then there was the clown in our ulpan who told the bus driver,

"Yesh li melafefon b'kis" ...I have a cucumber in my pocket. HE thought he was really funny.

great blog....

March 01, 2006 10:25 AM  
Blogger Air Time said...

Thanks susie

March 01, 2006 10:43 AM  
Anonymous Anonymous said...

I remember the time Air and I were at a restaurant in Israel, and he wanted the waiter to bring us some glasses so he asked him to bring some "mishkafaim"

March 01, 2006 2:49 PM  
Anonymous Anonymous said...

And there was the time Air and I went jogging to a fruit stand, and he wanted to know if the fruit was fresh, so he asked the guy if the fruit was "chutzpadik"

March 01, 2006 2:50 PM  
Anonymous yonah said...

It may be an urban legend, but a rosh yeshiva who lives on our yishuv personally told me and others his story about being pulled over by an officer while driving and beamingly stating "ani iparon tov" which led to the cop laughing, rolling his eyes, and letting him go.

no chance whatsoever that this nice, aydle, honest and gute-neshoma would ever lie about this, so it definitely happened at least once that I would vouch for.

March 01, 2006 4:21 PM  
Blogger Veev said...

Anon, you are my new best friend!! I love these stories about Air. Especially the ones where he's both jogging and butchering Hebrew...

March 01, 2006 5:50 PM  
Anonymous Anonymous said...

"New Best Friend"???????

Can guys and girls be friends???

March 01, 2006 7:25 PM  
Blogger the sabra said...

oh my! my laughter organs are about to burst (huh?)
fresh fruit=chutzpadik?? heehee
o woah i have a whole sack full of those great hebrew lines-
...My friend asked the waiter for a 'ma'achelet' instead of a sakin.
...I asked the owner of a shoe store if i can receive a 'mitzvah' if i buy enough pairs of shoes and after enough begging he agreed. I was thrilled and oh so proud of my bargaining skills. Didn't realize why he was laughing so hard until someone pointed out that the word is mivtza (sale vs a good deed)
...friend walks into a restaurant "atem sheirutim?" (vs yesh sheirutim poh?)
...Introduced my friend and I as 'chayot'. The woman kindly told us that no, we weren't. I insisted that we were and wouldn't let her explain. Took about five full minutes for the meaning to sink in.
That's still my favorite one, I think.
o and the list is endless..

But the ani iparon beats them all. I am giggling uncontrollably at the thought of it..can't wait to use it!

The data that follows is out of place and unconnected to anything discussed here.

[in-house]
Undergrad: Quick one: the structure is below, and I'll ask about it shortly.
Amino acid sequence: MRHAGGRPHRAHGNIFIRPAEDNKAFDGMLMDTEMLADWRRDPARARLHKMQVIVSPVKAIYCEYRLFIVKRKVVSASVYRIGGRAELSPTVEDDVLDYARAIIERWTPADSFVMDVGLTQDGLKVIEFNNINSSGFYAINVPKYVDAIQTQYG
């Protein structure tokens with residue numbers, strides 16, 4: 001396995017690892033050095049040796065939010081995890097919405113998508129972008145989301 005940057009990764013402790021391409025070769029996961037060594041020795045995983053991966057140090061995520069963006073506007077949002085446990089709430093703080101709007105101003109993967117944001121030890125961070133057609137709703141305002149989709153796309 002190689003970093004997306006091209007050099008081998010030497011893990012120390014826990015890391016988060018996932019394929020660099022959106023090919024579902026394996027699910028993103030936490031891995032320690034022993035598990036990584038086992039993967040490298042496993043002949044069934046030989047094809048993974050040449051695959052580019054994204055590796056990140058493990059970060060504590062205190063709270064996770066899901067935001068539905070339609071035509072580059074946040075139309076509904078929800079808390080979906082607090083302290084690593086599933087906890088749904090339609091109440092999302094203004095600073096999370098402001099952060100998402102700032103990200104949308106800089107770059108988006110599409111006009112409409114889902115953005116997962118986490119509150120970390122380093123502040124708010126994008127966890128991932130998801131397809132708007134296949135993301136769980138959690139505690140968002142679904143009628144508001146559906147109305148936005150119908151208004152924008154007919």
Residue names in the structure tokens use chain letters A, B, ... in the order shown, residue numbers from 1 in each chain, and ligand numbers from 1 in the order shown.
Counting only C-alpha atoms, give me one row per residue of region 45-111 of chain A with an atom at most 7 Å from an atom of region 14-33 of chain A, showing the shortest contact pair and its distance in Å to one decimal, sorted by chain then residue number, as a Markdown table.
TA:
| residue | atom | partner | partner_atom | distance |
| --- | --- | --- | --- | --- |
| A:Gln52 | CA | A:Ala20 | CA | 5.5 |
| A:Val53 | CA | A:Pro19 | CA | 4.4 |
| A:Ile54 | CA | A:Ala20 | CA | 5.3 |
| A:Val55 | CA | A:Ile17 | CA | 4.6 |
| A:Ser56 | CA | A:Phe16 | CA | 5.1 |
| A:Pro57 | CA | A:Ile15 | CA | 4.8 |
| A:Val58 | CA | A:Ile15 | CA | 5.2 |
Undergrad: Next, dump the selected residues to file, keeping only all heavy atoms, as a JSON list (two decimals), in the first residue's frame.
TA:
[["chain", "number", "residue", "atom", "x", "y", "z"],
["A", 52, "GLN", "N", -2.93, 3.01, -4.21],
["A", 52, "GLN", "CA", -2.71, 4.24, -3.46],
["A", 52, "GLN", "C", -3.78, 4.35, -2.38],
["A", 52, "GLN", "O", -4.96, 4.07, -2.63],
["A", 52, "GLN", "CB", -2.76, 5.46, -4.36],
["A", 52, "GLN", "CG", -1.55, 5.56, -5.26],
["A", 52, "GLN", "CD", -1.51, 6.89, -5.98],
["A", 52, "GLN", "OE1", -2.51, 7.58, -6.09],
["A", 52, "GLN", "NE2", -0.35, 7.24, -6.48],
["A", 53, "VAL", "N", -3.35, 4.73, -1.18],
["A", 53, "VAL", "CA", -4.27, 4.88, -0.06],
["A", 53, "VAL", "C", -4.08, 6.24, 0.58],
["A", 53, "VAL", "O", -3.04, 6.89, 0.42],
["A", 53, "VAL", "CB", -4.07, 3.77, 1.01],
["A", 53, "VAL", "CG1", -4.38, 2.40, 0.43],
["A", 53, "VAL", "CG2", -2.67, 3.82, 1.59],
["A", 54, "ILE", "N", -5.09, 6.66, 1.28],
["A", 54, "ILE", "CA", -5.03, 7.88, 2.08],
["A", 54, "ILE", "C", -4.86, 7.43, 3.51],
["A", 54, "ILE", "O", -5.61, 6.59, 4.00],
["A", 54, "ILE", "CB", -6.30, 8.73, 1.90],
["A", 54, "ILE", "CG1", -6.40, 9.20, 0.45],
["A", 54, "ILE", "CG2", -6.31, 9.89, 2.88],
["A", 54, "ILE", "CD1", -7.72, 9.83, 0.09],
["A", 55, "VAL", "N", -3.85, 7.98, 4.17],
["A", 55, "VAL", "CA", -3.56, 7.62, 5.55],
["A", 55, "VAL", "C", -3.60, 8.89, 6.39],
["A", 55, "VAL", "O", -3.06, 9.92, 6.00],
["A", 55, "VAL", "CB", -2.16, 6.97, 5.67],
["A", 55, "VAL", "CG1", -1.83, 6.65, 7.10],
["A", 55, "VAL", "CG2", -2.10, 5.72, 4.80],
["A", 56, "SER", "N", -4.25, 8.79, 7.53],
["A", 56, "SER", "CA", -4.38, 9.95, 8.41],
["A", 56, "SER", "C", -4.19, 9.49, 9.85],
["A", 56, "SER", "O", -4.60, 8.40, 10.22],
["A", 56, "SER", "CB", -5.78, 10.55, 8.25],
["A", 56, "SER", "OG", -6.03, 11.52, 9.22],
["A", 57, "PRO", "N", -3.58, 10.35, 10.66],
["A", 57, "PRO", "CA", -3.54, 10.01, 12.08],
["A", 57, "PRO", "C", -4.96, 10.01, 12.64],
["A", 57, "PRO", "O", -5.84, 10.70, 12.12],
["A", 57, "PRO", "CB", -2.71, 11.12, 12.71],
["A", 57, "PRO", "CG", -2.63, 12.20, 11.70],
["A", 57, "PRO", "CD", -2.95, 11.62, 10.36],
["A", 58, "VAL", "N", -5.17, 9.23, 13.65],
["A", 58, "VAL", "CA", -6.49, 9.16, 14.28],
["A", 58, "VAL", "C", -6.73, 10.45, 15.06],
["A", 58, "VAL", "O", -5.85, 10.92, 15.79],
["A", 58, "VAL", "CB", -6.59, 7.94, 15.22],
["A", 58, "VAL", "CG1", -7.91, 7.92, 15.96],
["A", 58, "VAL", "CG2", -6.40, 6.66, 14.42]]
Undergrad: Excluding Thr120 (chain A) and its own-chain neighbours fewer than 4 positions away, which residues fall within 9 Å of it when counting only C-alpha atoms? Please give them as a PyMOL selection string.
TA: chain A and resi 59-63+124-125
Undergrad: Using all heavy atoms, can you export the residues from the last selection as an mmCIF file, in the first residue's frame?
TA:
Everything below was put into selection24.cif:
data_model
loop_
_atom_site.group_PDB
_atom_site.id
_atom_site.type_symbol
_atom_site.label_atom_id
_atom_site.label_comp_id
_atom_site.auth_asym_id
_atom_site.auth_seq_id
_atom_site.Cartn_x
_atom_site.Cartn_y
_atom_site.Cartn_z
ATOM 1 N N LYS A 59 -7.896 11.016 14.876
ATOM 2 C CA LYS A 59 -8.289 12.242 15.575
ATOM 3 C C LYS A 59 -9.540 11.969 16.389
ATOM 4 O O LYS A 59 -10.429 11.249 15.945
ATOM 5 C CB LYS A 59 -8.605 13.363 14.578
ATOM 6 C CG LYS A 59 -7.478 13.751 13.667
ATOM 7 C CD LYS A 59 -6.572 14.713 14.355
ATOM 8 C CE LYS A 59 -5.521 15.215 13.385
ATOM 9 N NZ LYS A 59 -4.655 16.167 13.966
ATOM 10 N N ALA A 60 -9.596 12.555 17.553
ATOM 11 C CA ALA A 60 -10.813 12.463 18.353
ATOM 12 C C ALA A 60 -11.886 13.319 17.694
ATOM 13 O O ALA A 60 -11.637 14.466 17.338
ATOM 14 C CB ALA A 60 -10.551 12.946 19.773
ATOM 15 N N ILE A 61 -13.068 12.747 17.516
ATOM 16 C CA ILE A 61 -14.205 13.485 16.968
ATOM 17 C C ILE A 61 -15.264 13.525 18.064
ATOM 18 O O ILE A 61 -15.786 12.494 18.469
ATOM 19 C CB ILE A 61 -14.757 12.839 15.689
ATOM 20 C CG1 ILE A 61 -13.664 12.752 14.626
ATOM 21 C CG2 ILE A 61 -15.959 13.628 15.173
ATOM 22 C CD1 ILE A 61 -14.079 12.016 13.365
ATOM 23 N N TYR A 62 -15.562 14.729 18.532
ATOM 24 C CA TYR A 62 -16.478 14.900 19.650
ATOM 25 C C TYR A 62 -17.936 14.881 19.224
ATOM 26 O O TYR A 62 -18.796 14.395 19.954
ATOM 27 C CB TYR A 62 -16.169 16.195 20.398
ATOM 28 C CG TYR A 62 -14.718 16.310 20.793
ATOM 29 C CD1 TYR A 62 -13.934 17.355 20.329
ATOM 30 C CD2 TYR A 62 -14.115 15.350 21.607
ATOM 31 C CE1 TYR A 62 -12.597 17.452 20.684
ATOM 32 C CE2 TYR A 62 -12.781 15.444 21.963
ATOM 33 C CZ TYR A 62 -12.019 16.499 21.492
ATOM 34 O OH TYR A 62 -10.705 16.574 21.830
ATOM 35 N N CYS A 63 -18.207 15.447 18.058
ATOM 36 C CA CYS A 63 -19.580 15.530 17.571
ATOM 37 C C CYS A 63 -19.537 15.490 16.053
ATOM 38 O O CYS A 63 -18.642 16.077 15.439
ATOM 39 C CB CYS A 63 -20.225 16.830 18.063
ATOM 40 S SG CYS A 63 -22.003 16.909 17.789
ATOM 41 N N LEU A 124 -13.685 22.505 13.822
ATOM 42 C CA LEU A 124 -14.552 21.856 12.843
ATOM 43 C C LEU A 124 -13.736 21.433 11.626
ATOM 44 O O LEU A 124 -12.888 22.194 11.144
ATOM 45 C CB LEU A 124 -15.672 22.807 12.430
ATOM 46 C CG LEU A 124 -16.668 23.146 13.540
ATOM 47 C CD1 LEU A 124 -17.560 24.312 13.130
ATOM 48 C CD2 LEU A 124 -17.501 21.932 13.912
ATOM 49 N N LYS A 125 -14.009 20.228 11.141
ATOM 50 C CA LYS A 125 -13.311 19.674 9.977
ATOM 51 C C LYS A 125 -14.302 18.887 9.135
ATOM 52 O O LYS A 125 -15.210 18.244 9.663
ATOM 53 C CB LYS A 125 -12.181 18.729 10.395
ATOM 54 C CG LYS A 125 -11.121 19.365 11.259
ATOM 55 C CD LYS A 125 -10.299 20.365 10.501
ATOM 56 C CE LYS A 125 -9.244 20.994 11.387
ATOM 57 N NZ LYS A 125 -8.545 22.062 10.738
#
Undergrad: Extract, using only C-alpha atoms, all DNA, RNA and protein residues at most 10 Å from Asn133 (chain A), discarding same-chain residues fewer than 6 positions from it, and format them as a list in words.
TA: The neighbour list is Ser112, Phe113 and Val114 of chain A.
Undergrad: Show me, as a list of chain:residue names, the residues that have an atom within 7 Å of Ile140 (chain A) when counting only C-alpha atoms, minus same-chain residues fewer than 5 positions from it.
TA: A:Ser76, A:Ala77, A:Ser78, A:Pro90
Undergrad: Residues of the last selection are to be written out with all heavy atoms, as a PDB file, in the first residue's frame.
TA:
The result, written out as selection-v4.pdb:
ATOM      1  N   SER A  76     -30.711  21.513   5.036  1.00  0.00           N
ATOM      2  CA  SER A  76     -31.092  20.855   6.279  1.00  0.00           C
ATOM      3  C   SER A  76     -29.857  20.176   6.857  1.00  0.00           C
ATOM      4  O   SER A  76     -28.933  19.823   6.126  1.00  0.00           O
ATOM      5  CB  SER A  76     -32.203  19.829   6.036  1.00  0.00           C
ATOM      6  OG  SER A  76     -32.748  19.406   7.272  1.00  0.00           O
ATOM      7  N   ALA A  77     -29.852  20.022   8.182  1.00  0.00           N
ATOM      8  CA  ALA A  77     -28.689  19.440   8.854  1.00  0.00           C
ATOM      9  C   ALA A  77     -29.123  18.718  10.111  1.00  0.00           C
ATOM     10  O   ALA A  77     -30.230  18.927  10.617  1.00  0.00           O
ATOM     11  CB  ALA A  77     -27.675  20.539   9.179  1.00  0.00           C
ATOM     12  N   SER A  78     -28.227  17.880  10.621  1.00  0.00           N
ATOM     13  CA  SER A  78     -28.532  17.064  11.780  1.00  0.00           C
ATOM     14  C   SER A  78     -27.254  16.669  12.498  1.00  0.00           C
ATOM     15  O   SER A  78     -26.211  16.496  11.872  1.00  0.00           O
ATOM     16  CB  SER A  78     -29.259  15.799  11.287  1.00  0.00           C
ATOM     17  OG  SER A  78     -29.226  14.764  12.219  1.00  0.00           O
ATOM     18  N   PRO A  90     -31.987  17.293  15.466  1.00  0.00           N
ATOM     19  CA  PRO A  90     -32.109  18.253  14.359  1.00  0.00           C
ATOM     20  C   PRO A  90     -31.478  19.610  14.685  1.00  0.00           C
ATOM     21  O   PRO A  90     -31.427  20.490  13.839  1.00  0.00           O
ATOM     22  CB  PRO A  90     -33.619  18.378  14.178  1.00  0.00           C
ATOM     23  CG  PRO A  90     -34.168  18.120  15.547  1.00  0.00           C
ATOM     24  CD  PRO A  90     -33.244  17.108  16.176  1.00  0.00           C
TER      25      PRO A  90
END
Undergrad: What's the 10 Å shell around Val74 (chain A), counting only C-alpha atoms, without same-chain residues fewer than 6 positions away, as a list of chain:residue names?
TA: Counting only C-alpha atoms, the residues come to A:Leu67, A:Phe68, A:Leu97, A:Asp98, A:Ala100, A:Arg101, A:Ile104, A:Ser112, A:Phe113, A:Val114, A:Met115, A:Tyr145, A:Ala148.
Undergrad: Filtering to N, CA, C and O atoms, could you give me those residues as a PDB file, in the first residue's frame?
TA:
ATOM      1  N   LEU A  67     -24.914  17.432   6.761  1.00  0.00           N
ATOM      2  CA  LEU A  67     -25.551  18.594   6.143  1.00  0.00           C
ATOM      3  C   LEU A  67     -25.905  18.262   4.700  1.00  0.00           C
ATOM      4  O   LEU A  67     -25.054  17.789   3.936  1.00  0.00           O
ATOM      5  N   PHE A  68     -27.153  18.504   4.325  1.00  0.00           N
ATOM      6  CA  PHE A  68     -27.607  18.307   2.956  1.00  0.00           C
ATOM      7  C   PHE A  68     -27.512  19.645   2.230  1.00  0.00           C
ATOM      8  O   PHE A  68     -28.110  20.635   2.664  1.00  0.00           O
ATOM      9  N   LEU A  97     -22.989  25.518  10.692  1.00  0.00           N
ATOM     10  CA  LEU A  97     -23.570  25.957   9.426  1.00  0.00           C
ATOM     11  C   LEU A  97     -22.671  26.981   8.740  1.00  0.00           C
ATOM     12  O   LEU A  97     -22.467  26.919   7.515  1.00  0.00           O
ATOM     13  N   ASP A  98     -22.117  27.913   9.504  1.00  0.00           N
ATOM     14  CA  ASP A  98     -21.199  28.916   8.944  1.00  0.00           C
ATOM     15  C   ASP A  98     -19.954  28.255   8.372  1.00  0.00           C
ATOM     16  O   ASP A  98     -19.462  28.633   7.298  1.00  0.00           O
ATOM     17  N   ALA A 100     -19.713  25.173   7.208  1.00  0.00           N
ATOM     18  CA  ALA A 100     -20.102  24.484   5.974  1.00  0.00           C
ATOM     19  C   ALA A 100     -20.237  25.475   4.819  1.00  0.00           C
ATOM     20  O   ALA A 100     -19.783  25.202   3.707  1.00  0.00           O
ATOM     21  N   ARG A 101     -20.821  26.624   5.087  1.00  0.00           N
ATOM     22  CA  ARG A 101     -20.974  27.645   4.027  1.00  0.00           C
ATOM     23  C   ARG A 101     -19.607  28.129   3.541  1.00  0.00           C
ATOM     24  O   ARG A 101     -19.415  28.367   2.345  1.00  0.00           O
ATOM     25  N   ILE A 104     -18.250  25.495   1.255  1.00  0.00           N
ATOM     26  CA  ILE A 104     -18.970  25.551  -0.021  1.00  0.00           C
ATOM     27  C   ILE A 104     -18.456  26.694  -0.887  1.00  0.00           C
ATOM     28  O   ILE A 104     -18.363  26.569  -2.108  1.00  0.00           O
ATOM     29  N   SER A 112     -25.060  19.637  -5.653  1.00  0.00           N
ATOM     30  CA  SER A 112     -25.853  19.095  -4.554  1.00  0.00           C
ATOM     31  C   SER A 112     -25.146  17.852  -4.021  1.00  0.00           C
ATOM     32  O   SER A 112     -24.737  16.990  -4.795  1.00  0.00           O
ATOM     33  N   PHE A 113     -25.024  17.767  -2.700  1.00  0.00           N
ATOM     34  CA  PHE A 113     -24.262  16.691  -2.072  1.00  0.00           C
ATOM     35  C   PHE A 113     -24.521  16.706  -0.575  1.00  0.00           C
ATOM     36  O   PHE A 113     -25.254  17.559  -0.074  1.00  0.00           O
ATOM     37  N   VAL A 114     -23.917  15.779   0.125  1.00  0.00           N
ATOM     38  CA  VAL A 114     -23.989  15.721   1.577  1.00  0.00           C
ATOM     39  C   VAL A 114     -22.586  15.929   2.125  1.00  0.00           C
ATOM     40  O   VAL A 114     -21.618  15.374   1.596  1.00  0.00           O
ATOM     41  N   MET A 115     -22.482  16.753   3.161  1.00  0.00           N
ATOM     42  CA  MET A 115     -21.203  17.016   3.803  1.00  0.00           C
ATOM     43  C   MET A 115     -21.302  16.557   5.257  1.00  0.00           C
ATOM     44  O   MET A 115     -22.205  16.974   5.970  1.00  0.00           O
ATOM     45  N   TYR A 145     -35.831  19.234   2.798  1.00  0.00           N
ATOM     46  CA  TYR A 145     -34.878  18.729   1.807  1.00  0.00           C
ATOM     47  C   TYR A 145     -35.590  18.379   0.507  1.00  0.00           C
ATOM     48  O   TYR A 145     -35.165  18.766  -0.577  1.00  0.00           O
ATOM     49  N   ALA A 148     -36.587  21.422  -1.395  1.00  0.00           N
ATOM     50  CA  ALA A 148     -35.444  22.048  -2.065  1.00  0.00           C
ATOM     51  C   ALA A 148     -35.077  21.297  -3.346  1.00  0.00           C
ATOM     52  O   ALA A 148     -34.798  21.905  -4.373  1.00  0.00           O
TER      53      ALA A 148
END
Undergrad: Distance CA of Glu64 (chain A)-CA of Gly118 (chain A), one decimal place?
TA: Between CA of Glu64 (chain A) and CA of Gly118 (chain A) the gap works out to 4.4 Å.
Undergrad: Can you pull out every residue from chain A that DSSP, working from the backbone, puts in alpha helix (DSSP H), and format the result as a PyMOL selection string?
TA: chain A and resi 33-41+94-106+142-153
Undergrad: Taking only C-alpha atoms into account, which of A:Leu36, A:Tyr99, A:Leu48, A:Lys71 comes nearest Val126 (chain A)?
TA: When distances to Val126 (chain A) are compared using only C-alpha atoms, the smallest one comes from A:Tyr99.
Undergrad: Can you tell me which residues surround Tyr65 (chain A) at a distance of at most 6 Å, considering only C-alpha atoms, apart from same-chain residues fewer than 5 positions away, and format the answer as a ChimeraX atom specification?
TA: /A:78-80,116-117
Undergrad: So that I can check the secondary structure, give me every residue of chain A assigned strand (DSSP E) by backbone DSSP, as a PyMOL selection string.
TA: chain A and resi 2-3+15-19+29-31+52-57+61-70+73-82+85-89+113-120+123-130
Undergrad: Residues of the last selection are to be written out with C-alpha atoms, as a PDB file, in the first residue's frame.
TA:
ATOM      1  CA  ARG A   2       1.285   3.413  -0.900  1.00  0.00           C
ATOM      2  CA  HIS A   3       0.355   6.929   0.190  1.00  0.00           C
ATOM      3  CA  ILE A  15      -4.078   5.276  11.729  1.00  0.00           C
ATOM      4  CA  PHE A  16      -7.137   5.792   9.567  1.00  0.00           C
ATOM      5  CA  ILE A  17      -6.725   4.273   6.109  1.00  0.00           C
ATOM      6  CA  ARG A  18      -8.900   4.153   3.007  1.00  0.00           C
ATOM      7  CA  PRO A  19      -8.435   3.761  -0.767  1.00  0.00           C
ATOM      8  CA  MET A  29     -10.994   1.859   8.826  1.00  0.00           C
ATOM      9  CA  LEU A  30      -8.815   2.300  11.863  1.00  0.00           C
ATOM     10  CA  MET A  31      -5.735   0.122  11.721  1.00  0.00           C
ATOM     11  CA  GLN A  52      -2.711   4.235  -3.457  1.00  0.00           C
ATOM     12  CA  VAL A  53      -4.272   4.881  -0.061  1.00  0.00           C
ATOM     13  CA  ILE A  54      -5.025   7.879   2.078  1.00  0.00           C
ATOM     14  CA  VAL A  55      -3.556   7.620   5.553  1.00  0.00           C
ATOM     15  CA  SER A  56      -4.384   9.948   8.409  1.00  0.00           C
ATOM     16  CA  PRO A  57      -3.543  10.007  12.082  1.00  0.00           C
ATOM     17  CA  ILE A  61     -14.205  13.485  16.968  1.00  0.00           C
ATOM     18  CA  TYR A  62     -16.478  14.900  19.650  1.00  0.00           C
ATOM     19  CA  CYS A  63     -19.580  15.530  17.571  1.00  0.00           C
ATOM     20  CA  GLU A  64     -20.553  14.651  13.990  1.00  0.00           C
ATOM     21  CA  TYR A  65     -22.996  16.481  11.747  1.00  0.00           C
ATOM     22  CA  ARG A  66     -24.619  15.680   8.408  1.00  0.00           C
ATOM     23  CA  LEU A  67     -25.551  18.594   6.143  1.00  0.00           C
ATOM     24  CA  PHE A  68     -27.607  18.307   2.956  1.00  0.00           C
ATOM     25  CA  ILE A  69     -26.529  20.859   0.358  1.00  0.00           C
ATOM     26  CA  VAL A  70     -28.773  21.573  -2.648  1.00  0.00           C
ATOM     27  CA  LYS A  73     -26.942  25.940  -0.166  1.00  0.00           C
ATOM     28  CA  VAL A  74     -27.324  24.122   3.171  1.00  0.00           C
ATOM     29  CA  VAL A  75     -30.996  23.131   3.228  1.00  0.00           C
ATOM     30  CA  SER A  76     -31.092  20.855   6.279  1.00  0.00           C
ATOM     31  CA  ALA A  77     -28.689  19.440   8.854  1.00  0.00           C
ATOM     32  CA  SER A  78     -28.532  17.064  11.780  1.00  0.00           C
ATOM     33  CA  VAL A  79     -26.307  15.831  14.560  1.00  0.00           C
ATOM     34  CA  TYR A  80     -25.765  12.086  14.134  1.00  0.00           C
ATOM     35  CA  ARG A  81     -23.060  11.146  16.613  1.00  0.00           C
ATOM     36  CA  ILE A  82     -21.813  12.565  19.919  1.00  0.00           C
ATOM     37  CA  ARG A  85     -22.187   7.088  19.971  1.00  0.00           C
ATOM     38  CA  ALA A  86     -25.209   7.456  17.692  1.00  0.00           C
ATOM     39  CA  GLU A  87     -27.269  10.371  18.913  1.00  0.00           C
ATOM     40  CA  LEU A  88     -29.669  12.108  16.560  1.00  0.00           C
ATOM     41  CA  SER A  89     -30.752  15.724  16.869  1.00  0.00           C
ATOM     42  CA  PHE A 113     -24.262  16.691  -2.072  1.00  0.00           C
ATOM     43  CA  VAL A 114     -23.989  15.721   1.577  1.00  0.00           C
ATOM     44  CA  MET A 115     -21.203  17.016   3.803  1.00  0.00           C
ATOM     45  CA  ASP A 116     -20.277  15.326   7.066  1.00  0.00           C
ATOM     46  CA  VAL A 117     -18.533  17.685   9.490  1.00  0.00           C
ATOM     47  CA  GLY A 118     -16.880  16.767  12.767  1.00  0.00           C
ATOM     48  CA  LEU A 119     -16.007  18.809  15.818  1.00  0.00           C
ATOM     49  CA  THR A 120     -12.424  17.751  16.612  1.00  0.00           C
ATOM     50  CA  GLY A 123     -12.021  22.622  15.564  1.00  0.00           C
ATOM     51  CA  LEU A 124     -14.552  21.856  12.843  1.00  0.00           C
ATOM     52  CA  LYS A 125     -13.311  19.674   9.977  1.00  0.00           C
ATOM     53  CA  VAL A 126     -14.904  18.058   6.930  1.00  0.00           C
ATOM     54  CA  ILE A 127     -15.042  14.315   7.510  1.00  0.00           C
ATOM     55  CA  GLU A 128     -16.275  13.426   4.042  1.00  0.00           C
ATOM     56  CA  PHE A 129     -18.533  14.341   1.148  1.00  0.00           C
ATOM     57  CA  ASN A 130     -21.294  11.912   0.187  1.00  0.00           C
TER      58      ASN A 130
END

March 02, 2006 6:23 AM  
Anonymous gingit said...

In Tel Aviv bus station I asked the people around me: eifo hasherutyim leHeifa po? - where are the toilettes to haifa here?

And in bus in Hebron a russian soldier shouted to the busdriver from behind to open the backdoor: nahag, tiftach oti meahora - driver, open me from behind...

great page!

March 02, 2006 4:48 PM  
Blogger ~ Sarah ~ said...

great post :)
think it's somewhat of an urban legend... have heard it elsewhere before as well!

March 04, 2006 9:48 PM  
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Blogger Shimon said...

I don't know if anyone will ever see comments posted on a two-year-old+ blog, but seeing Jameel's stories today reminded me of a few of my own.

Like the fact that there were always TWO names announced at the beginning of the news, "and now the news by -ploni almoni- and -Ikaran tehila-" (which really means something like "first, the headlines")

And I didn't understand the posters I kept seeing (which were left over from the previous election) which said "hatzeva emet" (the color truth???) but really meant "hatzba EMT" - vote the list with those letters - the labor party.

May 12, 2008 10:55 AM  
Blogger Ezzie said...

I think Heidi's right - people always heard the similar story, so when in a similar situation, that's what they go with.

May 12, 2008 2:17 PM  
Blogger Bas~Melech said...

I think "Ani iparon" is just a phrase calculated to sound just funny enough so that people will both think you know no Hebrew AND not hold that against you. Hence, its reported use on police officers, etc.

May 13, 2008 10:29 PM  
Blogger Ze'ev Felsen said...

My favorite is a story I heard from someone who wanted to get off a bus at a certain kibbutz. As the bus went by the stop, the fellow got up and yelled "Tafsik tafsik. Ani tzarich laledet" (I need to give birth) instead of "laredet" (to disembark).

July 05, 2012 10:43 PM